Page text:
Sustainability and Science
Sustainable agriculture and its role in the future of farming is currently the focus of much debate in Britain with repeated calls for agriculture to become more sustainable. Our visits on June 4th will focus on farmers and organisations who are trialling and pioneering new, more sustainable management strategies and systems.
Wheatsheaf Farming Company
Managed by Scholar, David Millar, the Wheatsheaf Farming Company is a contract farming business cropping six farms (3,954 acres) in Hampshire on behalf of owners and tenants. David is determined to improve soil health and in doing so establish a business that will be more resilient, both in terms of the weather and periods of low prices. “There was a reliance on having ‘a good year’ every year to make a profit,’ says David. “We were also seeing a plateauing of crop yields.” A complete overhaul of the farming system was called for and resulted in the wholesale switch away from a traditional cereals/ oilseed rotation to one based on zero-tillage and cereal catch/cover, using cover crop roots to do the cultivations instead of metal. David is a 1999 Nuffield Scholar and was nominated ‘Arable Farmer of the Year’ by Farmers Weekly in 2015.
In 2012, Tim May’s Nuffield Scholarship findings led the 2,500-acre Kingsclere Estate he manages to re-think its arable cropping. “After 10 years of an ‘all arable’ farming business, it was becoming increasingly difficult to maintain yields,” says Tim. “It was clear that the soil, the foundation of any farming system, was becoming lifeless and a new approach was required.” Farming alternatives with complementary synergies were investigated and the decision taken to move to a more diverse, mixed farming system. Just under half of the farm area was taken out of arable production and put into four-year mixed herbal and red clover leys. To further aid soil improvement and maintain the economic output from these leys, a 1,700-strong flock of breeding ewes and a 150-head beef herd were also introduced. (www.kingsclere-estate.co.uk + www.fairfarmfare.co.uk)
University of Reading
The University of Reading is at the forefront of research into sustainable production systems and the environment. Investigations are underway to examine the interaction of crops with the environment using specialist facilities, including rain-out shelters for inducing drought treatments and covers for inducing heat stress in the field. The effects of farming on biodiversity are also being explored, with field trials underway on the impact of crop rotations and below-ground biodiversity (as part of the EU funded Liberation Project), as well as studies looking at the interactions between pollinators, crops and the wider environment. On our visit we will privileged to see some of this groundbreaking research and to discuss its wider implications for agriculture and future farming systems. (www.reading.ac.uk)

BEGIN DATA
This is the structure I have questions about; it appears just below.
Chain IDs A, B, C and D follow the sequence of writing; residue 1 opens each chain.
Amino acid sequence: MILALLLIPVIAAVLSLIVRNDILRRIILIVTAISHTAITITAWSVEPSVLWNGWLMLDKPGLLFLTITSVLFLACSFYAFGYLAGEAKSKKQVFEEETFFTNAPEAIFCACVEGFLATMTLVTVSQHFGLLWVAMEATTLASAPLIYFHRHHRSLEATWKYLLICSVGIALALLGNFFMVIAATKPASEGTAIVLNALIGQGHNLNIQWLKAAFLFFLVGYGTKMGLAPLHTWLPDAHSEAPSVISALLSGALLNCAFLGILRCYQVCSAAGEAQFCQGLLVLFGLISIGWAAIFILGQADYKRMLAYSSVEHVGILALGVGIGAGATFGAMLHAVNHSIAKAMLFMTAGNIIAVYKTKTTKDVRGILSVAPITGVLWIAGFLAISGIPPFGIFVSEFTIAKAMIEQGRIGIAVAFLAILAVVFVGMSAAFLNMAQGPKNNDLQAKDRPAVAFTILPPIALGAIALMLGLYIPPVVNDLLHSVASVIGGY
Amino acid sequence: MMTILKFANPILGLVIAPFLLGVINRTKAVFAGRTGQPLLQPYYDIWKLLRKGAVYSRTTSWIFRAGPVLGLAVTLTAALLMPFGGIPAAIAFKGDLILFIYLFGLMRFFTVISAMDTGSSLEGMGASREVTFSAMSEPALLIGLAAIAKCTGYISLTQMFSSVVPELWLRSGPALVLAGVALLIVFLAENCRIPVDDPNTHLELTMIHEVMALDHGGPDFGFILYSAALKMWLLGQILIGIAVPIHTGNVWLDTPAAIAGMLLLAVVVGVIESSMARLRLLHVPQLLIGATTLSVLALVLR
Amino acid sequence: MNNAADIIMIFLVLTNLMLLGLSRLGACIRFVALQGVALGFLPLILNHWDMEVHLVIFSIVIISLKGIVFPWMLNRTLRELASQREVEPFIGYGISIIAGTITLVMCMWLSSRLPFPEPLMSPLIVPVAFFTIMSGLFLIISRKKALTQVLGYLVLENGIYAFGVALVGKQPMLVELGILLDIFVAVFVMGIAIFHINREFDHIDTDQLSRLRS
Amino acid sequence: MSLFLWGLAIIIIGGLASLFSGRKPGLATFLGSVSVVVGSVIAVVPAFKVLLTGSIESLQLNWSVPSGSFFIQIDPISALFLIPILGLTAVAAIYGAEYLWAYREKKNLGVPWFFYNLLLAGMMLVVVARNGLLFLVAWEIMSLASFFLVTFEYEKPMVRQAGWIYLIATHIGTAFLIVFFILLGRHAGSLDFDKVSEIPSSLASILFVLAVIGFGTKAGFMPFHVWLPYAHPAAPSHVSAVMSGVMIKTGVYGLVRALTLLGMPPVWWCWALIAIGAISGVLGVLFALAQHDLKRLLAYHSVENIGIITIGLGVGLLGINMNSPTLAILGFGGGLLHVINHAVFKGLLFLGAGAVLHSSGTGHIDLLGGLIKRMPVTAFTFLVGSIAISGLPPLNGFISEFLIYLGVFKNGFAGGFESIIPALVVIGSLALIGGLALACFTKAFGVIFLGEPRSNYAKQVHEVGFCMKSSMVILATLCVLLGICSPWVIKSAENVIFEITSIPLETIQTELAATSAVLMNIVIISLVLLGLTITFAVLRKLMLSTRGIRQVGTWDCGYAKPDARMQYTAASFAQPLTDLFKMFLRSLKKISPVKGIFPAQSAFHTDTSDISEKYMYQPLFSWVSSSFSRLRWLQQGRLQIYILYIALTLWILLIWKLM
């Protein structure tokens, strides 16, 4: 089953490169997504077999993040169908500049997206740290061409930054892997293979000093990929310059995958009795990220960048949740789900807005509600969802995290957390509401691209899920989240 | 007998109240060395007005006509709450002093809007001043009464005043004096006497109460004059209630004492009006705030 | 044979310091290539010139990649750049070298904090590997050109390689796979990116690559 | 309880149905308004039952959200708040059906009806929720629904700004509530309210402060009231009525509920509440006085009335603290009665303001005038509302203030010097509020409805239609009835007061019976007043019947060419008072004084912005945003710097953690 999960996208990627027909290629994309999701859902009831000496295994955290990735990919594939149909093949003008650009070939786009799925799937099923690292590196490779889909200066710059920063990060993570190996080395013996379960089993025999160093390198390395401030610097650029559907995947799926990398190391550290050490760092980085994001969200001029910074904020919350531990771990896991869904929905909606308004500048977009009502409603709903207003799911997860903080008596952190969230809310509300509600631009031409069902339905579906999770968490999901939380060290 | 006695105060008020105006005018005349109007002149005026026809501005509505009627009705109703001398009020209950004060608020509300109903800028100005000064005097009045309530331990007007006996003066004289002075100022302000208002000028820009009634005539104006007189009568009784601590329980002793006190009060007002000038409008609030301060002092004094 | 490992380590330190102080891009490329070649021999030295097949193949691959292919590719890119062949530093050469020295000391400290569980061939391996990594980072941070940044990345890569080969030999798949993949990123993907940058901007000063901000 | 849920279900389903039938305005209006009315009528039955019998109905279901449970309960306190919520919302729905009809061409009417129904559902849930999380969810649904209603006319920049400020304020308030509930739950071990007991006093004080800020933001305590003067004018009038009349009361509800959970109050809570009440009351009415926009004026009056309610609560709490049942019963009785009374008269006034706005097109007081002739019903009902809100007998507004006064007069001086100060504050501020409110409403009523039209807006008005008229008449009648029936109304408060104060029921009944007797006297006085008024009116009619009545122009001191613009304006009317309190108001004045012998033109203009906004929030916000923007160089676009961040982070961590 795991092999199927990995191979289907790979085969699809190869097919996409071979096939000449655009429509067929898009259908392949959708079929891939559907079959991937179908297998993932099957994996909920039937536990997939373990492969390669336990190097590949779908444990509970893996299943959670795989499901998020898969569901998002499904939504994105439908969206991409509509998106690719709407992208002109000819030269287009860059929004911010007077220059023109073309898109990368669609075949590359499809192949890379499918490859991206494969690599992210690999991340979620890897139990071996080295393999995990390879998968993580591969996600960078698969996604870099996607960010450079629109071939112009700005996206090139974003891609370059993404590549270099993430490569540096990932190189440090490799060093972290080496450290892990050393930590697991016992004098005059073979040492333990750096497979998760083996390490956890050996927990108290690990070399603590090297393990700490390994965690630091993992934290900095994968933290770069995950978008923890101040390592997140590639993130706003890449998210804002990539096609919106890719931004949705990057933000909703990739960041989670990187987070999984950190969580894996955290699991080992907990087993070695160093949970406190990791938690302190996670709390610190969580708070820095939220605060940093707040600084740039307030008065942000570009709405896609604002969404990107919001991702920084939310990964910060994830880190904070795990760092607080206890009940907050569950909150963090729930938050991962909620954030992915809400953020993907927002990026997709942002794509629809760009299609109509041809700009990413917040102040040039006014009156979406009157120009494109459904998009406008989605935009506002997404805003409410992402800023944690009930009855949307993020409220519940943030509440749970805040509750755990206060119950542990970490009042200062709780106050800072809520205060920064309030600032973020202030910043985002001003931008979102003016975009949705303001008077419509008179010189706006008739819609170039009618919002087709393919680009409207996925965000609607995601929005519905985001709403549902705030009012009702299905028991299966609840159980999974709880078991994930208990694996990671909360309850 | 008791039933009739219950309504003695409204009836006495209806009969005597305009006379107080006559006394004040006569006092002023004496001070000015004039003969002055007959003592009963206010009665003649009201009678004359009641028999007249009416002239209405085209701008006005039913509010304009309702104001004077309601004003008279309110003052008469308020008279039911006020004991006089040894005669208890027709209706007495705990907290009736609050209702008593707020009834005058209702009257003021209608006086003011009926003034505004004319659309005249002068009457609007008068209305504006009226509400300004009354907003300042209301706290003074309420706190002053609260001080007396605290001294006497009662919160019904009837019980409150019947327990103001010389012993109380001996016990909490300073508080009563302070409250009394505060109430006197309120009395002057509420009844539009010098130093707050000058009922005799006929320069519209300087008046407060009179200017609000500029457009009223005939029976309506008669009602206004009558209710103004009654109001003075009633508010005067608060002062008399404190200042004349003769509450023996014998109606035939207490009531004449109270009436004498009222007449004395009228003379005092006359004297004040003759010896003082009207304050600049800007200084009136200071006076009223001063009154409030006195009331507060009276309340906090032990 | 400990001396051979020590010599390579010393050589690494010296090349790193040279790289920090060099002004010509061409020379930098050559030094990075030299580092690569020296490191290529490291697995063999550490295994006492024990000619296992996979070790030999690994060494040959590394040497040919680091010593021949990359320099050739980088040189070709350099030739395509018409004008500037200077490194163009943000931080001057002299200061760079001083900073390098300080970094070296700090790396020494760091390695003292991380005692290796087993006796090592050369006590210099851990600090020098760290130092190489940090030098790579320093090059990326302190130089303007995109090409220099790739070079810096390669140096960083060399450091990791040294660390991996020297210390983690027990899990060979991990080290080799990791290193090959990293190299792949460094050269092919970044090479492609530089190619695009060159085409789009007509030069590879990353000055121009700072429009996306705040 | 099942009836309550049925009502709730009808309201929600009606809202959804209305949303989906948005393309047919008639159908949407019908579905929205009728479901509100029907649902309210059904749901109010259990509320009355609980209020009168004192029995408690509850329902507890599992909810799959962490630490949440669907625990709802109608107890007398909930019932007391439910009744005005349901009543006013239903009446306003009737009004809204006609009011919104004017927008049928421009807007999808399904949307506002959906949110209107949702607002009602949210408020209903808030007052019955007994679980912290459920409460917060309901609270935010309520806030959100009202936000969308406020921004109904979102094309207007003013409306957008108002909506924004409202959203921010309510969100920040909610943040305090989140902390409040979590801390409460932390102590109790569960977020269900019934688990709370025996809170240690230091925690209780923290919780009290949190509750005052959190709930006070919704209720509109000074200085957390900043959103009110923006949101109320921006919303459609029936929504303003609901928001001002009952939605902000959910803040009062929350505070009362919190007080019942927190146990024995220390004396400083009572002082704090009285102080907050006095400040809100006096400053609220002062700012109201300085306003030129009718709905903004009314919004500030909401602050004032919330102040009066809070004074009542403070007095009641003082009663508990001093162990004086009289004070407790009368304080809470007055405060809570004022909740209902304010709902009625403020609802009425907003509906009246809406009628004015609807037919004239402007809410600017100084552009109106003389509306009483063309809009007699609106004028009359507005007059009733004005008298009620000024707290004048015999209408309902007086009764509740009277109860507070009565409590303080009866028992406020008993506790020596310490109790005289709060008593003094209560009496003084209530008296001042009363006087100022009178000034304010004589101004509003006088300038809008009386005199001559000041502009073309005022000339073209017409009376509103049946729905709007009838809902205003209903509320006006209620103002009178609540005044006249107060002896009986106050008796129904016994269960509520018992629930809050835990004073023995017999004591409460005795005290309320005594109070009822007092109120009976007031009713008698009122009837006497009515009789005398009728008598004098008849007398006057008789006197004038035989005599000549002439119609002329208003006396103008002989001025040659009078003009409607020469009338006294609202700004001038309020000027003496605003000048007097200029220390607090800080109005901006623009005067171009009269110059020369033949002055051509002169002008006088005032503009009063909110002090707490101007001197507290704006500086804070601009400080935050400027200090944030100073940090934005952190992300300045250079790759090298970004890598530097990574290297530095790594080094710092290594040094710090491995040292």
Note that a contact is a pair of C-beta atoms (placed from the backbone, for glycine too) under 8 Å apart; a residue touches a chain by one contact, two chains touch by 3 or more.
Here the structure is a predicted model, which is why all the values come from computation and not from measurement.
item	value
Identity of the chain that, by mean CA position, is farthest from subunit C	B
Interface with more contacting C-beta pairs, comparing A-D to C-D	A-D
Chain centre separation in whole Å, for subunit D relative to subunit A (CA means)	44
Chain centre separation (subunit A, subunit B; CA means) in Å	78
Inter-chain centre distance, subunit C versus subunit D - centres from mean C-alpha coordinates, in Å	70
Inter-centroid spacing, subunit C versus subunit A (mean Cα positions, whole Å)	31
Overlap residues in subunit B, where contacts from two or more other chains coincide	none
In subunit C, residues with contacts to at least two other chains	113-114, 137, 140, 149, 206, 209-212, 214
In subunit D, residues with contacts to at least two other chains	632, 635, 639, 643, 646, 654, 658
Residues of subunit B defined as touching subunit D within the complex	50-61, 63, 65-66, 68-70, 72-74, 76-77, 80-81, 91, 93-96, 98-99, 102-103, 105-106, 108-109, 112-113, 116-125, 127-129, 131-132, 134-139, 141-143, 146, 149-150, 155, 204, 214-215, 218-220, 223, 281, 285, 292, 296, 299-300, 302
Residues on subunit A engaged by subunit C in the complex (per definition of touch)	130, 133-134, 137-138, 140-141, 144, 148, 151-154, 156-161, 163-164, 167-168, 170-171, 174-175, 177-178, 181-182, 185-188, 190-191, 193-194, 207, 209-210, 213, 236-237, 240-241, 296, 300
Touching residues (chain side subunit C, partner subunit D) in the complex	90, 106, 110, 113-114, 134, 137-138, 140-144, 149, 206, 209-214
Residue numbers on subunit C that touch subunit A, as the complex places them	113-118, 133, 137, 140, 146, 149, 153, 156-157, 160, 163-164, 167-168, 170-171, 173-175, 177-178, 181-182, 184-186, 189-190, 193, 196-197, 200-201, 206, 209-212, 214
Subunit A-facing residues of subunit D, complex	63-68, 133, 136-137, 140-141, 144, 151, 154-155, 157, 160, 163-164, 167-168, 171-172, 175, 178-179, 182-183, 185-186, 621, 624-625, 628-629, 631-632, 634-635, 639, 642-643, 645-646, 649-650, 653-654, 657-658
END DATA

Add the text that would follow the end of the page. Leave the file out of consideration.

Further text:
Hall Hunter Partnership
The Hall Hunter Partnership is a leading family business - located in Berkshire, Surrey and West Sussex - growing strawberries, raspberries, blackberries and blueberries for some of the major UK retailers, including Waitrose, Marks & Spencer and Tesco. The produce is marketed through Farm Fresh PO (FFPO), a group of 12 business supplying fresh produce to the retail sector. Hall Hunter grow some of the best quality soft fruit available in the UK, with production spread across seven sites - four traditional farms and three glasshouses. During the harvest season the company employs over 2,000 workers. (www.hallhunter.co.uk)
Windsor Castle and The Savill Garden
Windsor Castle is the oldest and largest inhabited castle in the
world. It has been the family home of British kings and queens for
almost 1,000 years. It is an official residence of Her Majesty The
Queen, whose standard flies from the Round Tower when she is in
residence. Part of Windsor Great Park and one of Britain's finest
award-winning ornamental gardens, The Savill Garden is a true wonder.
It's a garden for all seasons and a place of beauty and colour that's
loved by horticulturalists and enthusiasts alike. Visitors can journey
through 35 acres of interconnecting gardens and exotic woodland. Every
garden has its own unique attraction, featuring a distinctive group of
plants that introduce a fresh burst of vibrant colour throughout
the seasons. (www.royalcollection.org.uk + www.windsorgreatpark.co.uk)